Get it going, keep it going

“There’s lots of pieces to it,” Marotz said, in describing the annual event. “A lot of people want to know how long does it take to install everything. Rough idea, it was started the third week in October. So by ‘Giggles and Ghouls,’ when we had our trick-or-treat event for Halloween, Candy Land was set up.

“There’s a fine line between when can you get things in the ground before it freezes,” Marotz explained. That decision is left to “Chris Schlenker, our horticulture and grounds manager; he’s been here at McCrory for 15 years.”

Admitting it’s a “ballpark figure, a very rough estimate,” Marotz puts the total number of Garden Glow lights at about 250,000.

And how many manhours to get Glow up and running? “Even already, Chris and I were talking about this before a (final check-it-out walk-through) group came. We’re saying 700 hours. But that’s the four full-time people, 30 hours a week, six weeks.” That doesn’t include her time and that of several other garden staff members. Additionally, volunteers pitch in to help.

To ensure that the lights continue to show their glow, bulbs need to be replaced when they go out. Wires need to be monitored and sometimes repaired or replaced. “Little critters like to chew on wires,” Marotz said.

The director sees McCrory Gardens and Garden Glow as a destination, drawing visitors from outside and around the Brookings area: “Quotes from other people would be: ‘Wow, this is so nice, because you can touch everything, you’re in it, you’re immersed in it.’ It’s enchanting, with the sights and sounds. The chill on your nose, hot chocolate in your hand. People can be free. They can enjoy themselves, grown up, remembering how to be a kid again.”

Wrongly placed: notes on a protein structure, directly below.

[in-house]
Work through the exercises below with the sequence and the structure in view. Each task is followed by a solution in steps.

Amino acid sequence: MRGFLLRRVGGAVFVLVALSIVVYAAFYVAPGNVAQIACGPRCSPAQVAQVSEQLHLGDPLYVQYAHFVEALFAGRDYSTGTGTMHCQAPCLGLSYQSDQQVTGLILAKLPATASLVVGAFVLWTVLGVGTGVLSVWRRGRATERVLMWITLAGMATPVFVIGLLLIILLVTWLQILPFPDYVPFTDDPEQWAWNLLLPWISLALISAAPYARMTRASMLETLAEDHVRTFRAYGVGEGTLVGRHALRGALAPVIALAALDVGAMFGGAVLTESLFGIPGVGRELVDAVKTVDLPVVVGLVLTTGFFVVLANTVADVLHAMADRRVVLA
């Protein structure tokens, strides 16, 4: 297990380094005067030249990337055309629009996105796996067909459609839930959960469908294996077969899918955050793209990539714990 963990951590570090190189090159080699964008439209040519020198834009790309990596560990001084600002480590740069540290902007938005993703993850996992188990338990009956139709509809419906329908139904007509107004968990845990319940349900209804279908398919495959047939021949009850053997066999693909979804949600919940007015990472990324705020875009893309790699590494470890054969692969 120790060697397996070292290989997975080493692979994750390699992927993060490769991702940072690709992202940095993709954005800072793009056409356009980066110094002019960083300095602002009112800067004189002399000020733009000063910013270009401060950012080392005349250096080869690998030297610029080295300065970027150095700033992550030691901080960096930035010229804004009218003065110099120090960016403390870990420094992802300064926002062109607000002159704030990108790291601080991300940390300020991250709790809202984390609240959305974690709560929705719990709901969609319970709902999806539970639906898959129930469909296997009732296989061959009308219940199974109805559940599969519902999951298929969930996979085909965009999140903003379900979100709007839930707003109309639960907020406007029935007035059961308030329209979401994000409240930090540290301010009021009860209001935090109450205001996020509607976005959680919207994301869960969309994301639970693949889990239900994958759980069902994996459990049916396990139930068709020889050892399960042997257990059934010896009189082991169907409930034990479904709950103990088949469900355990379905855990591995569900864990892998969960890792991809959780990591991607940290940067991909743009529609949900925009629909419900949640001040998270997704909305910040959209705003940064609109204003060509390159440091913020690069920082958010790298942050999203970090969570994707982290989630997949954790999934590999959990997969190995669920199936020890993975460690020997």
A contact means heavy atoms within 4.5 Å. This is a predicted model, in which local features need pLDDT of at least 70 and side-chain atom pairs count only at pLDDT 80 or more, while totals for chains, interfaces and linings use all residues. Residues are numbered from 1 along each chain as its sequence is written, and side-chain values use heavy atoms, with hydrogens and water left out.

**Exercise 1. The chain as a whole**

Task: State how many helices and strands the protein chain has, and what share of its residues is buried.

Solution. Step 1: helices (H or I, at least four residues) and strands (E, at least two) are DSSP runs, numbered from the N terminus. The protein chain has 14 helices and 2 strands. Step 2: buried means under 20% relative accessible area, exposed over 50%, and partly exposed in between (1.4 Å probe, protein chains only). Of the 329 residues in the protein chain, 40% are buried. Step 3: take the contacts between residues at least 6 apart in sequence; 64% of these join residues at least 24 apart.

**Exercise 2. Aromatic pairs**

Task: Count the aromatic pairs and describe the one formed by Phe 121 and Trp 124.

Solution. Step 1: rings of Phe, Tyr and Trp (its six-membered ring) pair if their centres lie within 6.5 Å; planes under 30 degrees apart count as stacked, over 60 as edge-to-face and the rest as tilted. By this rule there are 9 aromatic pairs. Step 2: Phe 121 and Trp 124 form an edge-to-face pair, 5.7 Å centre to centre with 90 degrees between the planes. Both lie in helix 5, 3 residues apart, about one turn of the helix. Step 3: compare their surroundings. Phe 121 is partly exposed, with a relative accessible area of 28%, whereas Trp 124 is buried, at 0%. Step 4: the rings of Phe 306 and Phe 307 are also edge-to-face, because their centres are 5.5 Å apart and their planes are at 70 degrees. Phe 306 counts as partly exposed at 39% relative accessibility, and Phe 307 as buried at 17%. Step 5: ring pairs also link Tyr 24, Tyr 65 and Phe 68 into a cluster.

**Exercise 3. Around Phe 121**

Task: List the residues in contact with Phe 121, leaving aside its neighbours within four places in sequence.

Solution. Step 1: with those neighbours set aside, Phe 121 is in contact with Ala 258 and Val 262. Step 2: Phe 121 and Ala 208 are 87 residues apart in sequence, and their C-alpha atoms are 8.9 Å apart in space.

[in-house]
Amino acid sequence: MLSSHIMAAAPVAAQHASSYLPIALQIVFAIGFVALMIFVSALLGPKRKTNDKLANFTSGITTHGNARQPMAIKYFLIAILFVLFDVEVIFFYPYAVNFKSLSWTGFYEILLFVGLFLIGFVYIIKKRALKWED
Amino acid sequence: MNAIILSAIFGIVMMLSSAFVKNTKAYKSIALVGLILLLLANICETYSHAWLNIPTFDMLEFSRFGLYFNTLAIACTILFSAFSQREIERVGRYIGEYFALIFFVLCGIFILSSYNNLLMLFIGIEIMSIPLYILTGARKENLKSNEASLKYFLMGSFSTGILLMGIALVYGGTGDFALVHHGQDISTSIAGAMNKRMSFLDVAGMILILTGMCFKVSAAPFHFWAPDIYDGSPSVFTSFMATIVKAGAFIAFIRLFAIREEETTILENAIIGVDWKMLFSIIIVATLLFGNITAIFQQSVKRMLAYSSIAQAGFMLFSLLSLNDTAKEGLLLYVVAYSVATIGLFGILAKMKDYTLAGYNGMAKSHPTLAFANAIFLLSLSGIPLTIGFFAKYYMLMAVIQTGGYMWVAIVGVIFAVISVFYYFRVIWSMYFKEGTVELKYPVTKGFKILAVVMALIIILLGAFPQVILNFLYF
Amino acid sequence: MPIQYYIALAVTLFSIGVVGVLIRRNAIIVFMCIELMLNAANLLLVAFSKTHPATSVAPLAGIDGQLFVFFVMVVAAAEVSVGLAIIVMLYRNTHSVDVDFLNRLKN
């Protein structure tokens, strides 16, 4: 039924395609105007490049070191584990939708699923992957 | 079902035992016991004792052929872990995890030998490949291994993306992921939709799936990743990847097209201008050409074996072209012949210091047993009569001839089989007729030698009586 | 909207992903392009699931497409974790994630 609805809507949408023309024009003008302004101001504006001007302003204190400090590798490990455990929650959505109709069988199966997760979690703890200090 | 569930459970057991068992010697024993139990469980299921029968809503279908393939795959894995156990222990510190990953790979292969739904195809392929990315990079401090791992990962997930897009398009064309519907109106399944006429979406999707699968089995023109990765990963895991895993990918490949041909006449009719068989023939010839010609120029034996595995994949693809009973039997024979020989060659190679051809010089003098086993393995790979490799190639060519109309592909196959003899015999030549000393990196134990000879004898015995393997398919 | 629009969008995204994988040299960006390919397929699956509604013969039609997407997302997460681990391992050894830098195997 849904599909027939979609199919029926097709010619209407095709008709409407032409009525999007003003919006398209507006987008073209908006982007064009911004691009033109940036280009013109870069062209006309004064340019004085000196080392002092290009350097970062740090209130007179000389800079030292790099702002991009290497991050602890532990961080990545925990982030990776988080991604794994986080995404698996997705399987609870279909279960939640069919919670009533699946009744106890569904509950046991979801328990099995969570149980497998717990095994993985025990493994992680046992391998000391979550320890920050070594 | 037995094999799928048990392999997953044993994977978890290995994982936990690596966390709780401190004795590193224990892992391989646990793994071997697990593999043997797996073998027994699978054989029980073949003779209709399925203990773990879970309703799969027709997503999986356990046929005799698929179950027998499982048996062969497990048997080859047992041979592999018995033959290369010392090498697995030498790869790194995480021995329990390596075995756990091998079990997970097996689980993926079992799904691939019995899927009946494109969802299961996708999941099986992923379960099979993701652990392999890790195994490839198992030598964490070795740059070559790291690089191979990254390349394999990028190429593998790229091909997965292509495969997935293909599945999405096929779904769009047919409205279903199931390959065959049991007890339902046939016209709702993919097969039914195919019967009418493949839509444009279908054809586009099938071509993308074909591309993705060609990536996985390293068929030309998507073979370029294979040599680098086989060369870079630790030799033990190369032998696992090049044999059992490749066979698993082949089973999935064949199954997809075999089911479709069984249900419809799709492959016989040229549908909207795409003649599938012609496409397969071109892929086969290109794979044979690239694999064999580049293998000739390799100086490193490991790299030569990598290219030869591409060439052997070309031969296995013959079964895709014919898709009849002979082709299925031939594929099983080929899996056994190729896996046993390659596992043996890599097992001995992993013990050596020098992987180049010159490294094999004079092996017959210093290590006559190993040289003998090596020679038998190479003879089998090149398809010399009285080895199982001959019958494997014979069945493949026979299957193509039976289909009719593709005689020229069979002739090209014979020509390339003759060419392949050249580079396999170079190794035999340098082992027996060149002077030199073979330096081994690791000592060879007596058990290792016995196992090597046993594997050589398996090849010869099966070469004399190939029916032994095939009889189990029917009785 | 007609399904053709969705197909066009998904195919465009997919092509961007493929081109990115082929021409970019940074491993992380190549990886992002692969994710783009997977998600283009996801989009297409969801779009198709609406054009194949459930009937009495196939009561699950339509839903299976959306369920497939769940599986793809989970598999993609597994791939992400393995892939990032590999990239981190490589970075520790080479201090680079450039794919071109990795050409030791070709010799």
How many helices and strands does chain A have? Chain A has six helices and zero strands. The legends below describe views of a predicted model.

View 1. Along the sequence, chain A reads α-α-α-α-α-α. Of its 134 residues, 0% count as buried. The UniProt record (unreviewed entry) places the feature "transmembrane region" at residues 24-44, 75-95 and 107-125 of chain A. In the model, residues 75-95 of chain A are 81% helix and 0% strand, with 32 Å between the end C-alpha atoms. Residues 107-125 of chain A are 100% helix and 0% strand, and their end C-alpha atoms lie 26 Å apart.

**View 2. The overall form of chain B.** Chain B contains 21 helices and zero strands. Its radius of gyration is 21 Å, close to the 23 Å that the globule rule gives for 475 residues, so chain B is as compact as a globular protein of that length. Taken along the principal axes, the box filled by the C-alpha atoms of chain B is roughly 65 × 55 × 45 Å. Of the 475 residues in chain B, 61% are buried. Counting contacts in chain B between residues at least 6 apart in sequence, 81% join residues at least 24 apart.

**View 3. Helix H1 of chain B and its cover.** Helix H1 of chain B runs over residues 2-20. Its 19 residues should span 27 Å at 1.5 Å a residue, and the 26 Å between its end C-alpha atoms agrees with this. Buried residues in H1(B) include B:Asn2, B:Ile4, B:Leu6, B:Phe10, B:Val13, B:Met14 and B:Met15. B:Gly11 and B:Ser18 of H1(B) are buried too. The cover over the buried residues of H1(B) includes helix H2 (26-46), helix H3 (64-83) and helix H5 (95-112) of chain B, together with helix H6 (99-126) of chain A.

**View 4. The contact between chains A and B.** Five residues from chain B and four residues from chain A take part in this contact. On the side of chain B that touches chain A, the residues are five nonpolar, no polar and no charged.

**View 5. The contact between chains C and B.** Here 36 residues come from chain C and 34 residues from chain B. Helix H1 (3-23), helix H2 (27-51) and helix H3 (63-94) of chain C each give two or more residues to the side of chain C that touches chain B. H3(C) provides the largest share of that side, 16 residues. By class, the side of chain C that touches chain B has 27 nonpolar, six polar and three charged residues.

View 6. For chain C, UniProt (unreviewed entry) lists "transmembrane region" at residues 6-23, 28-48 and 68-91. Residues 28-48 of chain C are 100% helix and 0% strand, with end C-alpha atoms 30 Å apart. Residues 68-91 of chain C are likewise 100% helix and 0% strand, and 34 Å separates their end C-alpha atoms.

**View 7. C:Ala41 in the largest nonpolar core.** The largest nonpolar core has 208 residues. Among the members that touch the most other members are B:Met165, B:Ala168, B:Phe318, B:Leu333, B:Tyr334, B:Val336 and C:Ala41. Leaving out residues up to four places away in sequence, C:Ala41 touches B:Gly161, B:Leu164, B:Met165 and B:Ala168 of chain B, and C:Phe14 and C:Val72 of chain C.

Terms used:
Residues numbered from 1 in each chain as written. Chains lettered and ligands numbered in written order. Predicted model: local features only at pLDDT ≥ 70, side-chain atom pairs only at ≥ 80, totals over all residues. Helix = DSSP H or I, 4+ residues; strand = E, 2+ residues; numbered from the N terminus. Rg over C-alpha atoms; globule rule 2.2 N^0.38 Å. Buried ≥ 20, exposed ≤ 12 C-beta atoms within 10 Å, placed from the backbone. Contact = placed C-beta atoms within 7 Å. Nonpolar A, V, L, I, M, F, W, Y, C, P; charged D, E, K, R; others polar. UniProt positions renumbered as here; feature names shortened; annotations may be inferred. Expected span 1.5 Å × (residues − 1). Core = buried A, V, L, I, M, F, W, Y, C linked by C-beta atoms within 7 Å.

“It’s really accessible to all abilities,” she added, noting that “Garden (staff are) very intent on keeping all paths clear: strollers, wheelchairs, people bring wagons with their kids and stuff in them.”

Private parties can be booked in the Great Hall. “This is a room with a view year round,” Marotz said. “For those who book a party, their guests get to experience Garden Glow at no cost.”

One aspect of McCrory Gardens that Marotz wants people to understand is what she calls “the story of the fence,” that was erected in 2015. “It’s not a hidden fact that people have been upset with the installation of the fence, but if they were able to know the entire story of the vandalism and protection that’s needed; Garden Glow wouldn’t be able to exist if it wasn’t for that protection.”

A second aspect that she explained was the entrance fee: “I came when we’d been almost a full year of charging admission; that was the other sticking point. Now a lot of what I do is about fundraising.

“It’s about telling a story, about honoring those that came before us. It’s a botanical garden; it’s not a park. We have collections of trees and plants. It’s intentional. It’s almost like walking into a museum of plants. We are building on the foundation of people who came before us.”

General information

Beginning Dec. 3 (Saturday) and continuing through Jan. 6, 2023, (Saturday), Garden Glow will be open from 5 to 9 p.m, with the last admission at 8:30 p.m. (Garden Glow will not be open on Dec. 24-25 and Jan. 1.) Tickets must be purchased in advance: Log on to or call 605-688-6707. Ticket prices are: Youth and adults, $9; children under 5 are free; SDSU students and Friends of McCrory Gardens are also free.

Scheduling the date and time of visits will be provided at the time of ticket purchase. Plan on about a half-hour to complete a tour and see all the displays.

Additional information about dates and times for horse-drawn trolley rides through the Arboretum and for Meet Santa Claus visits may also be made by contacting McCrory Gardens as noted above.

Contact John Kubal at